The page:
A bill concerning informed consent for nursing facility residents was discussed in a hearing held by the Assembly Health Committee on Tuesday. The bill passed in a unanimous vote and was re-referred to the Assembly Judiciary Committee.
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Assembly Bill 1809, or the Nursing Facility Resident Informed Consent Protection Act of 2022, was introduced by Asm. Cecilia Aguiar-Curry (D – Davis). This bill would establish the right of every resident in a skilled nursing facility or intermediate care facility to receive all relevant information to an individual’s decision about any proposed treatment or procedure, including the administration of psychotherapeutic drugs.
The bill would give residents the right to refuse psychotherapeutic drugs used for the purpose of resident discipline, convenience, or chemical restraint, except in an emergency situation. The bill would also make the resident’s physician responsible for disclosing this information and obtaining their informed consent. The prescription or administration of psychotherapeutic drugs without informed consent would become a state-mandated crime.
The bill would also require the California Department of Public Health (CDPH) to inspect for compliance with this requirement.
Aguiar-Curry said this bill would help remedy an ongoing problem in the state’s nursing homes of giving antipsychotic drugs to residents with dementia to control their behavior.
“These chemical restraints are being prescribed to sedate and subdue residents who often use behavior to communicate their pain, discomfort, or distress,” she said.
She added that these antipsychotic drugs can be dangerous for individuals with dementia, and that this bill is intended to protect them from chemical restraints that go against their consent.
“When the drugs are administered without informed consent, patients and their families are not making the choices to take such a risk,” she emphasized.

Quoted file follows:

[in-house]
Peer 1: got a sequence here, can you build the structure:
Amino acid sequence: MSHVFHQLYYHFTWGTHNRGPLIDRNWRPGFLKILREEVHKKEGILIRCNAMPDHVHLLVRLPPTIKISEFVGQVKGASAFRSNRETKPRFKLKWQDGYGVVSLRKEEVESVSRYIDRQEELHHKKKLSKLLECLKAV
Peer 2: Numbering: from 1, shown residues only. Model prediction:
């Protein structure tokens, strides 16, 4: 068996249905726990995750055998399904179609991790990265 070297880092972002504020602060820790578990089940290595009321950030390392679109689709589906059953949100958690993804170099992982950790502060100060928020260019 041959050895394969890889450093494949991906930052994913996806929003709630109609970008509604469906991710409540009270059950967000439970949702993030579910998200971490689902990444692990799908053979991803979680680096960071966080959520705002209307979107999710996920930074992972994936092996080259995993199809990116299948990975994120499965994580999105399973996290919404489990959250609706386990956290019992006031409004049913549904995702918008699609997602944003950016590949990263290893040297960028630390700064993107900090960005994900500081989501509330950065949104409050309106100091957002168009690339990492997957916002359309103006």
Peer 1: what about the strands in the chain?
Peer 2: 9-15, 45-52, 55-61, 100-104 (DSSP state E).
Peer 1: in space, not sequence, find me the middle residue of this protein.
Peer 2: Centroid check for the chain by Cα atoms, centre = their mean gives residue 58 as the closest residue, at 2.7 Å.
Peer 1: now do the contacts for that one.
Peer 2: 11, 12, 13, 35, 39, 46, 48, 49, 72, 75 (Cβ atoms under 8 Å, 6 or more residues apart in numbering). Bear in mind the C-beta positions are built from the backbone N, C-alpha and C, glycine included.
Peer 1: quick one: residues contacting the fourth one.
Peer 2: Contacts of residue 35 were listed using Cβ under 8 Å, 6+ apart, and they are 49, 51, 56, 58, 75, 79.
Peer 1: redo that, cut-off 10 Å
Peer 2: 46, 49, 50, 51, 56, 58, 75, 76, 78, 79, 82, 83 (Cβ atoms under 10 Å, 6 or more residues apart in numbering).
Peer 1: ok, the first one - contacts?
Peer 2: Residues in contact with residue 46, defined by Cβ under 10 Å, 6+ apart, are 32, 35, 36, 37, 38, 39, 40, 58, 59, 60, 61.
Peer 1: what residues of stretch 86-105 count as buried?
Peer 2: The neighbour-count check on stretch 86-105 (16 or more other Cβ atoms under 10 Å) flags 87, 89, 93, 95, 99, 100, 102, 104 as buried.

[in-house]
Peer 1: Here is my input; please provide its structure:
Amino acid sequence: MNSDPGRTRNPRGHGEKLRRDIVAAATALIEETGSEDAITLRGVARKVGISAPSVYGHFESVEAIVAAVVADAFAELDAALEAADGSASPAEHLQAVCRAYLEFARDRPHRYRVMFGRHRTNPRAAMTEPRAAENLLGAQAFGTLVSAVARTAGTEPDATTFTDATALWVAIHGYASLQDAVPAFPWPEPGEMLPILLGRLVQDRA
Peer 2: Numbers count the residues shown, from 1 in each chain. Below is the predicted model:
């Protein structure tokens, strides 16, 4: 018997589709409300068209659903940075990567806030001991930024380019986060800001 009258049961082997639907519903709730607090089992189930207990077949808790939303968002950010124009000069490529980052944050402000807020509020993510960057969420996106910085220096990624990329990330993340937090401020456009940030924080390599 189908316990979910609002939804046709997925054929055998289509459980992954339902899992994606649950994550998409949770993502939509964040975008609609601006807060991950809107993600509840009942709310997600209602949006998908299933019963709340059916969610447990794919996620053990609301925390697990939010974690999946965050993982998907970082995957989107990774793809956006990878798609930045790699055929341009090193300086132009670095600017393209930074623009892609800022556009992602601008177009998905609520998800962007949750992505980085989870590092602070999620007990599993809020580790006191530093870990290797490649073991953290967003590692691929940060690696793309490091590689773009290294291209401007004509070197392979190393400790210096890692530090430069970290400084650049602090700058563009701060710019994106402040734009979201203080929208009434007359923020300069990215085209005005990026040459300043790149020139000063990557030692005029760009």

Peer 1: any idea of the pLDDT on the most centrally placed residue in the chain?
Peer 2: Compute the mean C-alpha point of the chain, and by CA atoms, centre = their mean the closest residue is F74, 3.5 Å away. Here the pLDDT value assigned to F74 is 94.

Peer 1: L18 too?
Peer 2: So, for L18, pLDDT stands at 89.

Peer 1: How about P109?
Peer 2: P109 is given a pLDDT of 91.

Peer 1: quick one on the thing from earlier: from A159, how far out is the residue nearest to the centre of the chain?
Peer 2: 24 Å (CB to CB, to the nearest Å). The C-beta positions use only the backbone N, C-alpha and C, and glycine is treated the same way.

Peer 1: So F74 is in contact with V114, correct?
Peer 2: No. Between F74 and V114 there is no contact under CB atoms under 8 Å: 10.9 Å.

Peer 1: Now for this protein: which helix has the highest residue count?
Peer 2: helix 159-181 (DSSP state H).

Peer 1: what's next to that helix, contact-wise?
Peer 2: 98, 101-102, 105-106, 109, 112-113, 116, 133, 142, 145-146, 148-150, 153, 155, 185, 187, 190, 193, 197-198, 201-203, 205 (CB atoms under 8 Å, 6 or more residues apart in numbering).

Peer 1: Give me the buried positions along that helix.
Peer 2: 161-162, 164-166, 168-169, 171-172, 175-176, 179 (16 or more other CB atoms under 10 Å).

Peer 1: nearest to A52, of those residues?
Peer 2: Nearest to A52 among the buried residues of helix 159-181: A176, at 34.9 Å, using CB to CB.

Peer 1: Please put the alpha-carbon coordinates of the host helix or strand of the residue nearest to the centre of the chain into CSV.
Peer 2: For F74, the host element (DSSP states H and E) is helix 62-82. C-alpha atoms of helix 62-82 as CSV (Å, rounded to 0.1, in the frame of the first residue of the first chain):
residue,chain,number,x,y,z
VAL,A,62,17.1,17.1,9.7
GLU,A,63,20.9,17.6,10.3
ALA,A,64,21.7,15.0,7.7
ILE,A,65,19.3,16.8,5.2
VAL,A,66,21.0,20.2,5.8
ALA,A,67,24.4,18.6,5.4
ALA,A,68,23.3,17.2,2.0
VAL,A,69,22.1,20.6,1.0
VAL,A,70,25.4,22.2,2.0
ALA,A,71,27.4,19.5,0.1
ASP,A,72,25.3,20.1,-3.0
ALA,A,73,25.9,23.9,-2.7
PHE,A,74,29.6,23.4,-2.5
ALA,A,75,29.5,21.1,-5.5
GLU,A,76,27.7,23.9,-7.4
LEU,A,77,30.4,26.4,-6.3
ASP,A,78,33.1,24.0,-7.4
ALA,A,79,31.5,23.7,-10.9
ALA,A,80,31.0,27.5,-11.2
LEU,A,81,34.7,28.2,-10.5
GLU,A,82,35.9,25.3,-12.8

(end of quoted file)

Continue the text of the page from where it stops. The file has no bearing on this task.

Tony Chicotel, representing California Advocates for Nursing Home Reform, spoke in favor of the bill.
“We really need some help from our legislators … to bring informed consent back to the forefront of everybody’s minds when it comes to using these drugs, and making sure that the very best people to prevent misuse are given the chance to do that, and that’s the residents and their loved ones,” he said.
Jennifer Snyder, representing the California Association of Health Facilities and the California Hospital Association, spoke in opposition to the bill as it is currently written. However, she emphasized her organizations’ openness to work with the bill creators to make amendments.
She cited concerns about providers receiving criminal penalties for prescribing these medications.
“We’re really trying to find a balance between making sure that patients are protected, but also making sure that those prescribers and physicians that provide the care are not put in situations where they are required to put together cumbersome, onerous, and very broad-written consent requirements that then are coupled with criminal and civil liabilities that are attached to an informed consent error,” she said. “Our concern from nursing facilities’ perspective is we will have prescribers that won’t want to care for our patients, and we will have patients that will lose access to psychotherapeutic drugs that really need it.”
Asm. Chad Mayes (I – Yucca Valley) shared these concerns, as well as Asm. Marie Waldron (R – Escondido), who wanted to ensure that providers who made paperwork errors or honest mistakes would not be criminalized.